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Title

Materiales de carbono porosos dopados para el almacenamiento y producción de energía

Other TitlesDoped porous carbon materials for energy storage and production
AuthorsÁlvarez Ferrero, Guillermo CSIC ORCID CVN
AdvisorSevilla Solís, Marta CSIC ORCID; Fuertes Arias, Antonio Benito CSIC ORCID
Issue DateJun-2017
AbstractThe nitrogen‐doping of carbon materials has been attracting increasing attention in the field of energy storage (for use as electrodes in supercapacitors and Li‐ion batteries) and energy production (for use as electrocatalysts in fuel cells). This is due to the fact that the incorporation of this heteroatom into the carbon framework has a positive effect on a number of properties including electronic conductivity, surface wettability, catalytic activity or resistance to oxidation. As a result, the development of synthesis procedures that allow the precise control and optimization of the textural, structural and chemical properties of nitrogen‐doped carbon materials has attracted considerable interest. These considerations have been the main source of inspiration for the present PhD Thesis which is focused on the design and fabrication of nitrogendoped porous carbon materials for energy storage and production. Firstly, the synthesis of different nitrogen‐doped porous carbon materials with optimized textural and chemical properties for use as supercapacitor electrodes was carried out. Special emphasis was placed on increasing their energy density by means of the following two strategies: a) enhancement of their specific capacitance and b) enlargement of their voltage window. The electrochemical performance of the supercapacitor was improved by a rational design of the materials´ properties. Nitrogen‐doped carbon capsules and microspheres were obtained by means of a nanocasting technique, using pyrrole as N‐containing carbon precursor. These carbon materials were tested as electrodes for supercapacitors in various electrolytes (1 M H2SO4 and 1 M TEABF4/AN) in which they exhibited high specific gravimetric capacitances and provided large energy and power densities. In addition, the carbon microspheres offered a remarkable volumetric capacitance as a result of their high packing density. When these materials were subjected to an additional chemical activation process, a notable increase in their textural properties (i.e. specific surface area and pore volume) was achieved. Thereby, their specific surface area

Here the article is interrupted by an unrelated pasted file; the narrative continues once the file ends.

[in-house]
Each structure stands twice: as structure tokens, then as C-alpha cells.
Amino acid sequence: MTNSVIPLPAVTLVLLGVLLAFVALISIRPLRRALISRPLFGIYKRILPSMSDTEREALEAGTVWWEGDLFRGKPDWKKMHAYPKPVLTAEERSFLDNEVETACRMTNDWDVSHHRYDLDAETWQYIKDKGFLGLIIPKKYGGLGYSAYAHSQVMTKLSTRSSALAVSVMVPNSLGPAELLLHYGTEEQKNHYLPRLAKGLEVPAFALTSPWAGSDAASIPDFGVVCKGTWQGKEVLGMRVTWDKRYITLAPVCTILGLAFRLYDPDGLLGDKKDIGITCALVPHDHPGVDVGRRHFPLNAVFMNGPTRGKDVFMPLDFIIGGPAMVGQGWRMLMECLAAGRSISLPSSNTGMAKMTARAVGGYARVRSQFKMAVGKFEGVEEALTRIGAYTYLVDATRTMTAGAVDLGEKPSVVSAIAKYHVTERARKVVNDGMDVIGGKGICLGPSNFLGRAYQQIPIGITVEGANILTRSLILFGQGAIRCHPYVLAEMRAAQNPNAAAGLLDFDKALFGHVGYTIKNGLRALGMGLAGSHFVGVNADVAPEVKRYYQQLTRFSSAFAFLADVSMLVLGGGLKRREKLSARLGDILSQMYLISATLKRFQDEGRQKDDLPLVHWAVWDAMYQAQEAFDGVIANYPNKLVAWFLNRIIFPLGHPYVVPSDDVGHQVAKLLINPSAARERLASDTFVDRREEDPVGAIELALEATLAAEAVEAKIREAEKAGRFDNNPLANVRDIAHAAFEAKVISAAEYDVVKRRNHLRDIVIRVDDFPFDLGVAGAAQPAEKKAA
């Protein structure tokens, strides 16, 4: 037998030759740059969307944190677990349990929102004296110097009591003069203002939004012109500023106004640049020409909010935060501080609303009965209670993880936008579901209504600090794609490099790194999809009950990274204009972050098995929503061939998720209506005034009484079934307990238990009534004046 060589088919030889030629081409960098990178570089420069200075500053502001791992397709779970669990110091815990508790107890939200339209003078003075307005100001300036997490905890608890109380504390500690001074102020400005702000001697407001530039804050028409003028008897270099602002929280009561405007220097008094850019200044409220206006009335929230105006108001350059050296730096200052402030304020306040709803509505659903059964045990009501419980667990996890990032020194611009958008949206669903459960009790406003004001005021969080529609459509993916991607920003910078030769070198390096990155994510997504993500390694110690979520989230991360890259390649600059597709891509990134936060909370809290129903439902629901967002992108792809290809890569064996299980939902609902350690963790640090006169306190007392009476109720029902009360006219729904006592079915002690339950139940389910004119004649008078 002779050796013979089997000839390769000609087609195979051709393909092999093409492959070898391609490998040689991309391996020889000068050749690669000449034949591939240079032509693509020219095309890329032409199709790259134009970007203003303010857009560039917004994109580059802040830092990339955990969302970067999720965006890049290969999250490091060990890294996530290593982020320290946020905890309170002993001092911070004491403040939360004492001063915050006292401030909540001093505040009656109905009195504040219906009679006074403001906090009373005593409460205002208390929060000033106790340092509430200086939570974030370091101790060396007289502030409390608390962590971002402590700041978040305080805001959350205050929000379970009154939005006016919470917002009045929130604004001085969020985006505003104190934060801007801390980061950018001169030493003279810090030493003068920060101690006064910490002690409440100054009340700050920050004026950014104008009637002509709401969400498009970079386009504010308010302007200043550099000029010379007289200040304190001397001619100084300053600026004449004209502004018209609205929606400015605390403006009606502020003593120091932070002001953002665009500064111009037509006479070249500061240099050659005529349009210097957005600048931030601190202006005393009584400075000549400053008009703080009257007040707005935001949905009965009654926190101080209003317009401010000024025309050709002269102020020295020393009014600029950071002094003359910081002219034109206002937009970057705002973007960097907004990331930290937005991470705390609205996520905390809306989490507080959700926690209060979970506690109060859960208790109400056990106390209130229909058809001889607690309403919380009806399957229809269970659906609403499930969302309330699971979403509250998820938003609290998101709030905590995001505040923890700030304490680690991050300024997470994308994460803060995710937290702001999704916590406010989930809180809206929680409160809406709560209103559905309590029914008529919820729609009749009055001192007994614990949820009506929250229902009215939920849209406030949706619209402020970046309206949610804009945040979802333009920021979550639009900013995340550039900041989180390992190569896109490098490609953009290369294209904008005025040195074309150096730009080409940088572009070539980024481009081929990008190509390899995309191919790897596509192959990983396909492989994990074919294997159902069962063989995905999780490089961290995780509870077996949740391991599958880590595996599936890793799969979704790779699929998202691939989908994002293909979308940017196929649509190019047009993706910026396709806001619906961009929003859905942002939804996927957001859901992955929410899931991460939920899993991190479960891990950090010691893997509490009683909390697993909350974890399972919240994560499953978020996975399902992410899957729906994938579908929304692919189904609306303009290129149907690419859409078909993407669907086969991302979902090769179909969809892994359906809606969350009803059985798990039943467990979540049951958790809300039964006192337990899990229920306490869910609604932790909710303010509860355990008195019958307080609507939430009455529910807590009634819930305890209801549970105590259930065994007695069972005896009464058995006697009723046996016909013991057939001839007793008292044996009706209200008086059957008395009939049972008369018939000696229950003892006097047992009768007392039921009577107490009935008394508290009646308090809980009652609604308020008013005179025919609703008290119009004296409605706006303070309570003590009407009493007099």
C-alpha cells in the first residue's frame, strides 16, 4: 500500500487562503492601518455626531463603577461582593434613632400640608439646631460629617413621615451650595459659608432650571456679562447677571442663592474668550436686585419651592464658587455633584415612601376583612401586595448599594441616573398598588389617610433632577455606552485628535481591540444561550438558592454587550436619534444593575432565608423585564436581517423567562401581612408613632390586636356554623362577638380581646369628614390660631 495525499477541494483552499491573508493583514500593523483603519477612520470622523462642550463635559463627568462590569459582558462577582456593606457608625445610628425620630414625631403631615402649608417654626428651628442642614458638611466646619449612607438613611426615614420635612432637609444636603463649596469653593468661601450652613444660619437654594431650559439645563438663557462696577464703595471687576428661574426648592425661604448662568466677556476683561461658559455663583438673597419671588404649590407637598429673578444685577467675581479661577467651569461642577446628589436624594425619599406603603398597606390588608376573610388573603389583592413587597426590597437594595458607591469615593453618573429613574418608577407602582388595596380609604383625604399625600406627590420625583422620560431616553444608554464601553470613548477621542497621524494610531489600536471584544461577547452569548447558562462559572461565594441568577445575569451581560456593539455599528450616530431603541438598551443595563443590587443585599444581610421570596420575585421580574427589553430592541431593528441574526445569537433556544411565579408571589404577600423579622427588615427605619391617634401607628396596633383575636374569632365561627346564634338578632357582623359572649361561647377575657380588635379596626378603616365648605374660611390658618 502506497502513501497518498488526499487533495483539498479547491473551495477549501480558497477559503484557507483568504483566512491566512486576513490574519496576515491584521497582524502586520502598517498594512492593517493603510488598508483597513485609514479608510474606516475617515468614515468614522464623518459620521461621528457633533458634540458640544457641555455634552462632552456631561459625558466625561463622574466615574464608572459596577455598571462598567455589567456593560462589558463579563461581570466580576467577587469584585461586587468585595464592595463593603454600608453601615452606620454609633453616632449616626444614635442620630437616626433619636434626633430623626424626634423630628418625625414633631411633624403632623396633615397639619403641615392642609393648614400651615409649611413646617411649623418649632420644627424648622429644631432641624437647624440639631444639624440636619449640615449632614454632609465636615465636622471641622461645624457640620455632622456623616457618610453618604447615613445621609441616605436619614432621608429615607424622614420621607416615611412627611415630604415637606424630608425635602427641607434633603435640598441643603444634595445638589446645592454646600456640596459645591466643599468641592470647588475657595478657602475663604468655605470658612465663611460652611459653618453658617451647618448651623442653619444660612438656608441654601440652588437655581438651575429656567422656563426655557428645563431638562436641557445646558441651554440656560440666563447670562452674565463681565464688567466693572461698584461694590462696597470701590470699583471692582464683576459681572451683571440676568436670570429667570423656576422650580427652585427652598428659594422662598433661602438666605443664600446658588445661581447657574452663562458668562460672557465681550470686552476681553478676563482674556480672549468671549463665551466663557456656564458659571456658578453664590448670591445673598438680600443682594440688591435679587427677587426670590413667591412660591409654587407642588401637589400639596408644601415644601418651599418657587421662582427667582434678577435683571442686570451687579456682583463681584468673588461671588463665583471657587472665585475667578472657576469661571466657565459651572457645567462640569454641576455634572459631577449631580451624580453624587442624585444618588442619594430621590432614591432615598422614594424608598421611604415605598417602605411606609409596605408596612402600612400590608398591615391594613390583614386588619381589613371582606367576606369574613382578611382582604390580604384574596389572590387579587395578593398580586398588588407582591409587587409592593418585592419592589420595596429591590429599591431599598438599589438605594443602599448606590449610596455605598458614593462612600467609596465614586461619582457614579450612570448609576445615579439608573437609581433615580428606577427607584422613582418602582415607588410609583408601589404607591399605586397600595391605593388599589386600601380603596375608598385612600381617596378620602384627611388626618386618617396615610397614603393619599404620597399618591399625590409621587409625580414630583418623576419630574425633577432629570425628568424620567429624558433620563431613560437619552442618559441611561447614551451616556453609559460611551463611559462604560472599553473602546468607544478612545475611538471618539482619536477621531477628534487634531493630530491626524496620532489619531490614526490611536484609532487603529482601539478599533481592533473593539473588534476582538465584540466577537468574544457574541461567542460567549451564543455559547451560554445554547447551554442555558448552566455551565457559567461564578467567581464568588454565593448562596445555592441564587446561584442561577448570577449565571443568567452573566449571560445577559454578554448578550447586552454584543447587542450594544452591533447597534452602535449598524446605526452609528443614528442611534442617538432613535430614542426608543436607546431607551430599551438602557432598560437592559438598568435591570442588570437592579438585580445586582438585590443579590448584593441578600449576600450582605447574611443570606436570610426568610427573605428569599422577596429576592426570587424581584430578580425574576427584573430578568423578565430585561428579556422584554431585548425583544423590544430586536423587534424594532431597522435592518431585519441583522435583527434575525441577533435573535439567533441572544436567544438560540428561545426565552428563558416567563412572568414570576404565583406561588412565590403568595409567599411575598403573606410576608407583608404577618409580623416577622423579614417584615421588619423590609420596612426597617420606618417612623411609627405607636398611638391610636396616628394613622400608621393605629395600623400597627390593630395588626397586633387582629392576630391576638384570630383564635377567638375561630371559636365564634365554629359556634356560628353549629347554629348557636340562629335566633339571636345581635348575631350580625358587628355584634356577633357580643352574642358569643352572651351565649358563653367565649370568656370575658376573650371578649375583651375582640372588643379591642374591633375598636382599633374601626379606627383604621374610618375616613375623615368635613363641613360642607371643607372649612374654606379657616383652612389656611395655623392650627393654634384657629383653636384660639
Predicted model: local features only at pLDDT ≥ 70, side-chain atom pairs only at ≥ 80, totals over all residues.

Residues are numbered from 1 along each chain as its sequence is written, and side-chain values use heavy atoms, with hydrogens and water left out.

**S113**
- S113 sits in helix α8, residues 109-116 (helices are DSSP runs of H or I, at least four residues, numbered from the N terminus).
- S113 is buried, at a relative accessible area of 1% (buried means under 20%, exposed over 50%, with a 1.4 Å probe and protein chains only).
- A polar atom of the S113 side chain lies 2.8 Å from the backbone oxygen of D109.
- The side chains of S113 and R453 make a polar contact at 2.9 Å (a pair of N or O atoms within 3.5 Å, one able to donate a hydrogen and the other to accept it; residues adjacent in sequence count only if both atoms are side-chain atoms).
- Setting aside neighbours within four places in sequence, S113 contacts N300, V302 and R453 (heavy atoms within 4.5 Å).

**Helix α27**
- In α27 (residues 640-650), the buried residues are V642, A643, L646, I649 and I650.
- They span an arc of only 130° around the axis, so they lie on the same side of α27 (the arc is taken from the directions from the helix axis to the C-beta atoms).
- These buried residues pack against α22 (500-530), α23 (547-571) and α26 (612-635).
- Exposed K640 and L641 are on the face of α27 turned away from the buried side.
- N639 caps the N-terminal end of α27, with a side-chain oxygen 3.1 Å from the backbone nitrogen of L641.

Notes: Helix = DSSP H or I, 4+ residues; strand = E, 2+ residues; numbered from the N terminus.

was increased substantially while their original morphology was retained. On the other hand, a simple procedure based on the direct carbonization of citrate salts was devised for the synthesis of nitrogen‐doped mesoporous carbon materials, which were employed as electrodes in supercapacitors in aqueous (1 M H2SO4) and ionic liquid (EMImTFSI/AN) electrolytes. Finally, a biomass residue with a high nitrogen content (defatted soya flour) was investigated as carbon precursor. From this precursor, highly microporous nitrogen‐doped carbon materials were synthesized and tested as electrodes for supercapacitors in aqueous media (1 M H2SO4 and 1 M Li2SO4). These microporous carbons were obtained by means of hydrothermal carbonization followed by a chemical activation step. The carbon materials exhibited a good capacitive performance in both gravimetric and volumetric terms. Secondly, the synthesis of different nitrogen‐doped porous carbon materials and their use as electrocatalysts for the oxygen reduction reaction (ORR) in fuel cells were explored. Initially, these electrocatalysts were synthesized by means of the direct carbonization of citrate salts. By this simple procedure, nitrogen‐doped mesoporous carbon materials were obtained. These materials exhibited an excellent catalytic activity in basic media, comparable to that of a commercial platinum‐based catalyst, and a much greater durability and selectivity against methanol electrooxidation. On the other hand, nitrogendoped carbon microspheres with tunable pore size ranging from micro‐ to mesopores were synthesized by means of a nanocasting technique. In this way, the effect of the pore size distribution upon ORR catalytic activity was assessed. Finally, Fe‐N‐doped mesoporous carbon capsules were studied as electrocatalysts for the oxygen reduction reaction. These carbon materials exhibited a higher catalytic activity than a commercial platinum‐based catalyst in a basic medium, a similar catalytic activity in an acid electrolyte and a better stability and tolerance to methanol than platinum in both of these electrolytes.
DescriptionTesis doctoral presentada en el Departamento de Ciencia de los Materiales e Ingeniería Metalúrgica de la Universidad de Oviedo, junio de 2017
URIhttp://hdl.handle.net/10261/152083
Appears in Collections:(INCAR) Tesis

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